This week’s challenge at Document Life Workshop is to use a poem, and because my take on the challenge this time around is just words (though words are totally enough), I thought I’d show you a few examples of how I’ve used poetry in my memory keeping in the past.
The first page I’m sharing, which I made early in my scrapbooking days, features a sonnet I wrote in high school. It’s all full of depressing imagery, so you can tell it’s pre-Jake. This page marks a really painful time in my life, a time I want to respect because it made me grow, but something I don’t really want the people looking through my scrapbooks to know much about. Using a poem I wrote during the time period helped me document in a way that’s just for me. Using poetry can keep things private while simultaneously recording them.
A couple of neat things about the page: The “title” is actually the first line of the poem. The poem is from 2003, the pictures 2005, and it was made around 2007.
This was probably my second double page layout ever. The layout, which is about Jake’s and my first kiss, has only poetry as journaling. One of the poems is mine, the other Jake’s. I love that we wrote to / about each other so much. Our early years are well documented in words, from both of our perspectives. Our journals are some of my most treasured items. The best thing about these two is that we each wrote them without the other person knowing: we were still way to embarrassed to share that there was any poetry writing going on at this point.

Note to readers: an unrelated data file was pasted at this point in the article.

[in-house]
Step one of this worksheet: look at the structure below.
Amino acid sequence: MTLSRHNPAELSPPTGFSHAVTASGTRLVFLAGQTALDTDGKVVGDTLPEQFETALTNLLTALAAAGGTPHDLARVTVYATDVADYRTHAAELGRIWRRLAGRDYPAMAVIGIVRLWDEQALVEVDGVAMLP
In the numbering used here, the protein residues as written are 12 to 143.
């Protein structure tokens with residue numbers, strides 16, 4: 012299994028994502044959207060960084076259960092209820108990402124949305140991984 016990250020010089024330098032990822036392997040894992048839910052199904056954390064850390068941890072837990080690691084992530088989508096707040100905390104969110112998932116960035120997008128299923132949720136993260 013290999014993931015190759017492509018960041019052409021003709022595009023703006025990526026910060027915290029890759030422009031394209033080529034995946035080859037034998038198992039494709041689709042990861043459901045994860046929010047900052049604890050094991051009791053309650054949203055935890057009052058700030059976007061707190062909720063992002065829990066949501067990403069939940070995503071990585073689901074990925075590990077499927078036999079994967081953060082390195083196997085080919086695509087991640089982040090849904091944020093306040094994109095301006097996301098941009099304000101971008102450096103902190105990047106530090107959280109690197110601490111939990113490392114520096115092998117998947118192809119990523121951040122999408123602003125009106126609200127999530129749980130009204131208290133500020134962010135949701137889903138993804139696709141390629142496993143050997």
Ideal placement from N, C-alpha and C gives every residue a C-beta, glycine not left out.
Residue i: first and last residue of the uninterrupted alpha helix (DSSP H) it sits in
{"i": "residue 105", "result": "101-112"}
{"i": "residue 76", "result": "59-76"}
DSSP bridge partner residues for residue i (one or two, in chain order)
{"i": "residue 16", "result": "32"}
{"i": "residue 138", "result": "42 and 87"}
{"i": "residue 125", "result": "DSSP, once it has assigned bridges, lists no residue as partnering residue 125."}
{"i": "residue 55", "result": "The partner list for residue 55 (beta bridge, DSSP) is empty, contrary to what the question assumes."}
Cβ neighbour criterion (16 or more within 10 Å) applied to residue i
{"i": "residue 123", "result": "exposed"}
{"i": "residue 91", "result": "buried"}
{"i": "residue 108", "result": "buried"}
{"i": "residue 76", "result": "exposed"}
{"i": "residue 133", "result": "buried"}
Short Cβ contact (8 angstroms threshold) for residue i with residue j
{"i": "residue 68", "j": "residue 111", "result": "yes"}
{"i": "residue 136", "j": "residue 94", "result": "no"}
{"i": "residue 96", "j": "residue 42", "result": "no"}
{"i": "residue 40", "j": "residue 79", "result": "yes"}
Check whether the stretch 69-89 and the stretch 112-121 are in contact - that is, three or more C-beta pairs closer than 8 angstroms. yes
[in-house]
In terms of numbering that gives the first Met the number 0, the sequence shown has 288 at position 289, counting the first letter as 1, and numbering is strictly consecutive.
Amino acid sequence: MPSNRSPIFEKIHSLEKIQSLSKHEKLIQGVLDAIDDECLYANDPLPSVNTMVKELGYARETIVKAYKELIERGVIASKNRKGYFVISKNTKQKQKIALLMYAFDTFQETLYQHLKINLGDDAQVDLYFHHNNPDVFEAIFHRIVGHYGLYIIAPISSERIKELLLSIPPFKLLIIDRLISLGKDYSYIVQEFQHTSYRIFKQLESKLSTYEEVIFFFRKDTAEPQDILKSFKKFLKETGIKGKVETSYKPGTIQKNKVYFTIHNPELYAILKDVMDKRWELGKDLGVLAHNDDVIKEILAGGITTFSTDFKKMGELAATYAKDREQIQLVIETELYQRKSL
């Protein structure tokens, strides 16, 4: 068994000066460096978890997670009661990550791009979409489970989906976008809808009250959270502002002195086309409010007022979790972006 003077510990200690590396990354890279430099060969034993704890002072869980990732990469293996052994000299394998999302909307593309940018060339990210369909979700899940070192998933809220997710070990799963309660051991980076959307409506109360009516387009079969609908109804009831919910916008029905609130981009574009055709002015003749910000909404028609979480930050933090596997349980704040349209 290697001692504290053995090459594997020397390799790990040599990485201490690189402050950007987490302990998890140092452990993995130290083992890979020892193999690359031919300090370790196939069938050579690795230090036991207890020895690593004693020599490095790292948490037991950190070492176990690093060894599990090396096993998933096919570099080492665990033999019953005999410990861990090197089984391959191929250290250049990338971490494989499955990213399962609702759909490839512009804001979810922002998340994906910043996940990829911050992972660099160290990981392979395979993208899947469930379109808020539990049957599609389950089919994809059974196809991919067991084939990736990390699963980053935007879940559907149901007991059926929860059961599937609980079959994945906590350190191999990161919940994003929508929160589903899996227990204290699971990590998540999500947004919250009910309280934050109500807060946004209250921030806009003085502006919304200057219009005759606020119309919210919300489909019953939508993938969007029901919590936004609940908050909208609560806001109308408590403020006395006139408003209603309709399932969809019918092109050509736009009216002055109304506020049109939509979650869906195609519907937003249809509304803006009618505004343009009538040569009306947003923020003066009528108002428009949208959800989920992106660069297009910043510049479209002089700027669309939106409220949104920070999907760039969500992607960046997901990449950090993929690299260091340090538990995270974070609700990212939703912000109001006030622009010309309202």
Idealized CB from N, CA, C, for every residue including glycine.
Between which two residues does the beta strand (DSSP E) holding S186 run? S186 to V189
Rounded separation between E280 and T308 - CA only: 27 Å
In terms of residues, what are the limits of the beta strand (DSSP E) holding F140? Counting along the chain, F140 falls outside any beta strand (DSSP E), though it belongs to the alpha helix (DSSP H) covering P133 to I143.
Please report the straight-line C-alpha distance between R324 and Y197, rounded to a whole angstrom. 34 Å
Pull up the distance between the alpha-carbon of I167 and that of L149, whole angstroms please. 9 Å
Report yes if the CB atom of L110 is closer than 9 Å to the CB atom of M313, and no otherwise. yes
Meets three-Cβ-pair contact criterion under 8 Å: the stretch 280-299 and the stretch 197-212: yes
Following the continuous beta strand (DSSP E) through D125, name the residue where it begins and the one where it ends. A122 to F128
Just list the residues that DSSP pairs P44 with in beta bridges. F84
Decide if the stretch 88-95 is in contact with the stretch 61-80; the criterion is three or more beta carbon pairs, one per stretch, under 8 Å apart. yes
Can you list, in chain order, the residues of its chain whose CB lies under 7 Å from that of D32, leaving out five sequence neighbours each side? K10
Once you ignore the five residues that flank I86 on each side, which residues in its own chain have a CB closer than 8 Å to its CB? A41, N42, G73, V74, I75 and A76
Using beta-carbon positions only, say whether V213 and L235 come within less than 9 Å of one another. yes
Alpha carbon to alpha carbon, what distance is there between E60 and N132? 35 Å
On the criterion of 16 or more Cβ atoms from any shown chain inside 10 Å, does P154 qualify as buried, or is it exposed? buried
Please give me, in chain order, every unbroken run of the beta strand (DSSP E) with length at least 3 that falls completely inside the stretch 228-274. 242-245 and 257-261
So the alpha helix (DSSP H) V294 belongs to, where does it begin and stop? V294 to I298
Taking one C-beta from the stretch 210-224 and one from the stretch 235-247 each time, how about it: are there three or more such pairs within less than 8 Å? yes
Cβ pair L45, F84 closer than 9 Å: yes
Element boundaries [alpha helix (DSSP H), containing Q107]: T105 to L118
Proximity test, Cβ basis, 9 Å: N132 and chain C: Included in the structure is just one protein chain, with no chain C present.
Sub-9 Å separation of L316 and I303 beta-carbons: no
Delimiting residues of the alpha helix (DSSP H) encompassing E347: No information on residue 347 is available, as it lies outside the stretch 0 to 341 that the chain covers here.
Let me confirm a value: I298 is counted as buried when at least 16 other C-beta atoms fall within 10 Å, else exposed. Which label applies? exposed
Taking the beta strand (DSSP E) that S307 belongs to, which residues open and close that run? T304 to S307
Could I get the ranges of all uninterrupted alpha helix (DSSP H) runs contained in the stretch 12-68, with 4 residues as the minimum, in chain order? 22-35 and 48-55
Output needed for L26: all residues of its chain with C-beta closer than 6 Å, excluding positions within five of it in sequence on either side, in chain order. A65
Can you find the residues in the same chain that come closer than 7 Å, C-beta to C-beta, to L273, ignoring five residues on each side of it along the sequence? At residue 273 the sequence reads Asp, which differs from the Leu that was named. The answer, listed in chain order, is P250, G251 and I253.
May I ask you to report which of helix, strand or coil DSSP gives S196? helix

I love that these poems express what would be so hard to capture in prose. If you struggle recording strong emotions, give poetry a whirl! (Don’t worry if it’s any good. Ours sure isn’t!)
The rest of our collected high school years poems, as well as the lyrics to songs that meant a lot to us, are contained in a scrapbook / art journal of sorts I gave Jake as a gift the Christmas during our Senior year. The blue words are mine, the green are Jake’s, and the black and red are from other sources. I look through this and the memories of those early years are SO VIVID. By capturing not only our love poems to each other, but the songs that meant so much to us then, I created an awesome time capsule before I even knew what scrapbooking was.
It would be hard to submerge into this amount of sappiness as an adult, but I’m so glad we were so uninhibited about expressing our feelings for each other then! Words are important, and if they don’t seem to be enough, steal someone else’s. Record relationships and feelings, not just what happens in your life!
Need help documenting relationships? Check out my How We Began post, then try Amy of Lemon and Raspberry’s Journaling course Our first year together (to which I’m a contributor) or The Ties That Bind taught by Stephanie Howell.